Oscars Create Diversity With New Invites And Rule Changes

Are the Oscars really making #OscarsSoWhite a thing of the past? It looks like they might be. As we know, the Academy Awards saw major backlash as they failed to nominate people of color for two years in a row in any major acting categories, despite there being plenty of options in both years. The hashtag OscarsSoWhite was created on Twitter and trended for a second time, and the controversy blew up overnight. Some stars even went on to boycott the ceremony.

Not only did it show what was wrong with a broken voting system, which the majority included white men of an older generation, but it also put a spotlight on the lack of diversity in the film industry. Academy Awards president Cheryl Boone Isaacs promised that although she couldn’t change the industry itself, that she would start to make some changes within the structure of the Academy Awards, and that meant changing a few policies to be more inclusive to minorities and making sure their stories are visible.

Before today’s announcement, back in January, the Academy Awards rolled out a new policy that promised to evaluate a member’s membership status every 10 years. If they haven’t contributed to the film industry in that time, then their membership wouldn’t be renewed.

Now, the Academy of Motion Picture Arts and Sciences has released a historically large list of new inductees, who will be allowed to vote for the upcoming award ceremonies. From the looks of the list, Isaacs was serious about holding her promise that the awards will be more diverse.

In a list of 638 invites, 46 percent are female, and 41 percent are people of color. One special thing to note is that a big chunk of the directors that were invited are women, which opens opportunities for female directors to be nominated. As we know, Kathryn Bigelow is the only female director to win an Academy Award.

Following the release of this year’s invitees, Isaacs issued a statement.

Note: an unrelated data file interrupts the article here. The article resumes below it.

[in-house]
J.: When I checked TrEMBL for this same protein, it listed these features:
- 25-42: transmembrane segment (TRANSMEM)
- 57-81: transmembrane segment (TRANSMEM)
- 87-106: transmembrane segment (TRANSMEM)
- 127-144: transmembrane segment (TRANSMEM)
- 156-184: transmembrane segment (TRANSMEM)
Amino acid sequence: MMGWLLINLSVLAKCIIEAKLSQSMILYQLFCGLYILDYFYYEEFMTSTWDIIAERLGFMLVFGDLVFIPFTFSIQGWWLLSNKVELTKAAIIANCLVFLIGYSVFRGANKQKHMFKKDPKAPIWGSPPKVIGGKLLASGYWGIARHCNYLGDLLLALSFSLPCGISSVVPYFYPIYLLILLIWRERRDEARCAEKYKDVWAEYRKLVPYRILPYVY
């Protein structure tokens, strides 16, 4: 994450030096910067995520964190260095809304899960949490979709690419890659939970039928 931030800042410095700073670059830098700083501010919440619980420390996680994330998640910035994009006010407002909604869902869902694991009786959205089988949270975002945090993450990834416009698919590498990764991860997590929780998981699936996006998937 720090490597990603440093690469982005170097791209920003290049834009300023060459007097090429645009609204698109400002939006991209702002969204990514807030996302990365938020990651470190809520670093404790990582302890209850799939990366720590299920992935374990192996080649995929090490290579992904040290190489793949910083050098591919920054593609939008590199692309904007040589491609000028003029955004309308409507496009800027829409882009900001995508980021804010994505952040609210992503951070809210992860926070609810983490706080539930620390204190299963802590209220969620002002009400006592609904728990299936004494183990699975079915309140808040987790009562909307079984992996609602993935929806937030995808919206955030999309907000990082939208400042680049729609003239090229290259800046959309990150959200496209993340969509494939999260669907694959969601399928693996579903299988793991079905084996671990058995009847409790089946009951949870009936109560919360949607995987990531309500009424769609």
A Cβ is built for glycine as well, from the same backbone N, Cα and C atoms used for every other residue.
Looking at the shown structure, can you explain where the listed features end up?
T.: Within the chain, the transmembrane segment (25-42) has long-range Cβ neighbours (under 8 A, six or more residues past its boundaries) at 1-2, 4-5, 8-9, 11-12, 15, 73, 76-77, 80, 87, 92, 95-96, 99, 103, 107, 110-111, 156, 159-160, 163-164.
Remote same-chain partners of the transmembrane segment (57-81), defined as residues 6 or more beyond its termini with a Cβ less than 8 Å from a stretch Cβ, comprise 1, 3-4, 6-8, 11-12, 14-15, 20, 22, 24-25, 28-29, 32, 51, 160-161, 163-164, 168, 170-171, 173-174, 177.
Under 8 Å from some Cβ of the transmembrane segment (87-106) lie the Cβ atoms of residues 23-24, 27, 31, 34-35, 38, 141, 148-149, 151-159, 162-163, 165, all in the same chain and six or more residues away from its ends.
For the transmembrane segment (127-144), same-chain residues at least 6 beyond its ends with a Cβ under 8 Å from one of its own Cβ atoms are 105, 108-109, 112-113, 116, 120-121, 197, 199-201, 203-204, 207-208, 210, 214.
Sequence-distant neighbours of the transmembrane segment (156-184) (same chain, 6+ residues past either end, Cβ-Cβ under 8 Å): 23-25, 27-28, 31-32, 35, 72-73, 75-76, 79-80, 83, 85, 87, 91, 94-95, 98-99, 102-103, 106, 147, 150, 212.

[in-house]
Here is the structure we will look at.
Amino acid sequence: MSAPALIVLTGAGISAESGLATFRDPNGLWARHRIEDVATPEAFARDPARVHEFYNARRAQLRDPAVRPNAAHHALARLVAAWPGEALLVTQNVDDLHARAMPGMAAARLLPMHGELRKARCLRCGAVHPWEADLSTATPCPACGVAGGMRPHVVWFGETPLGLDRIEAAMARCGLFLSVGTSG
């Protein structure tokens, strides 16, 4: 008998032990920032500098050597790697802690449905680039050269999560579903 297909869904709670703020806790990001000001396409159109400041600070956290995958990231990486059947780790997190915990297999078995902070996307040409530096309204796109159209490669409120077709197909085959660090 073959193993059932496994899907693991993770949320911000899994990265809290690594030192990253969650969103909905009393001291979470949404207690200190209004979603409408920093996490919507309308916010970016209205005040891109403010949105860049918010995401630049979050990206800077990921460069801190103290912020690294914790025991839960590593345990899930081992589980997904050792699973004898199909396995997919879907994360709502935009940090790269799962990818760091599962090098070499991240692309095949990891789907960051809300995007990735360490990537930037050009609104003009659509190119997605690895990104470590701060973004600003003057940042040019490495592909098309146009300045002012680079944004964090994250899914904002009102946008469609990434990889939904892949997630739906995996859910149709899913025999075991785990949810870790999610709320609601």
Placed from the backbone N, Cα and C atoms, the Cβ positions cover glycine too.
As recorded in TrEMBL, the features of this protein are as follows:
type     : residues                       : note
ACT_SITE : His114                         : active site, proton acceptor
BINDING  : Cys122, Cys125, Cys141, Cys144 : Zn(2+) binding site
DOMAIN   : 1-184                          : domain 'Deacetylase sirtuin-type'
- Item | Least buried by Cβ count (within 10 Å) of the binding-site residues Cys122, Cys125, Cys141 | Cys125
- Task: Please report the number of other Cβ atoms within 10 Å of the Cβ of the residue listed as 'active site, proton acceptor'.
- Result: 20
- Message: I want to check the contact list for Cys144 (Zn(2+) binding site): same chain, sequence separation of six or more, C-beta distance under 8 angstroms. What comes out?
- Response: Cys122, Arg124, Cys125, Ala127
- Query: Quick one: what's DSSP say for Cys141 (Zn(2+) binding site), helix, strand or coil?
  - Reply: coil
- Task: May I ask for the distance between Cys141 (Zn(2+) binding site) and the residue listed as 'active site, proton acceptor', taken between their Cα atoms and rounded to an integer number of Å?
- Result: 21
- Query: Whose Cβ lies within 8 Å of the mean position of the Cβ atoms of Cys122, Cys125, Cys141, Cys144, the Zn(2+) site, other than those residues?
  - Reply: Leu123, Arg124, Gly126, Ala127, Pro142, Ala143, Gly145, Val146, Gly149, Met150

“Today represents a major step toward that goal of inclusion. This organization, from the leadership to the rank-and-file — all 6,000 members — got engaged in the conversation. Because of that, we were able to invite a new group of voices who represent film today and are inclusive.”

Here’s some names that have been highlighted from the new list.

Anthony Anderson – The Departed, Hustle & Flow
Chadwick Boseman – Captain America: Civil War, Get on Up
John Boyega – Star Wars: The Force Awakens, Attack the Block
Enrique Castillo – Déjà Vu, Bound by Honor
Morris Chestnut – G.I. Jane, Boyz N the Hood
Cliff Curtis – Live Free or Die Hard, Training Day
Loretta Devine – Crash, I Am Sam
Carmen Ejogo – Selma, Sparkle
Idris Elba – Beasts of No Nation, Pacific Rim
America Ferrera – Cesar Chavez, End of Watch
Vivica A. Fox – Kill Bill, Independence Day
Luis Guzmán – Punch-Drunk Love, Carlito’s Way
Oscar Isaac – Ex Machina, A Most Violent Year
O’Shea “Ice Cube” Jackson – Ride Along, Friday
Michael B. Jordan – Creed, Fruitvale Station
Daniel Dae Kim – The Divergent Series: Insurgent, Crash
Regina King – Ray, Jerry Maguire
Byung-Hun Lee – Terminator Genisys, G.I. Joe: The Rise of Cobra
Nia Long – Keanu, Boyz N the Hood
Eva Mendes – The Place beyond the Pines, Hitch
Nate Parker – Beyond the Lights, Red Tails
Jorge Perugorría – Che, Strawberry and Chocolate
Silvia Pinal – Vintage Model, The Exterminating Angel
Freida Pinto – Immortals, Slumdog Millionaire
Michelle Rodriguez – Avatar, Girlfight
Anika Noni Rose – For Colored Girls, Dreamgirls
Tessa Thompson – Creed, Dear White People
Lorraine Toussaint – Selma, Middle of Nowhere
Glynn Turman – Super 8, Men of Honor
Gabrielle Union – Top Five, Bad Boys II
Damon Wayans, Jr. – Big Hero 6, Let’s Be Cops
Marlon Wayans – The Heat, Requiem for a Dream

To see the full list click here.

[Photo by Kevin Winter/Getty Images]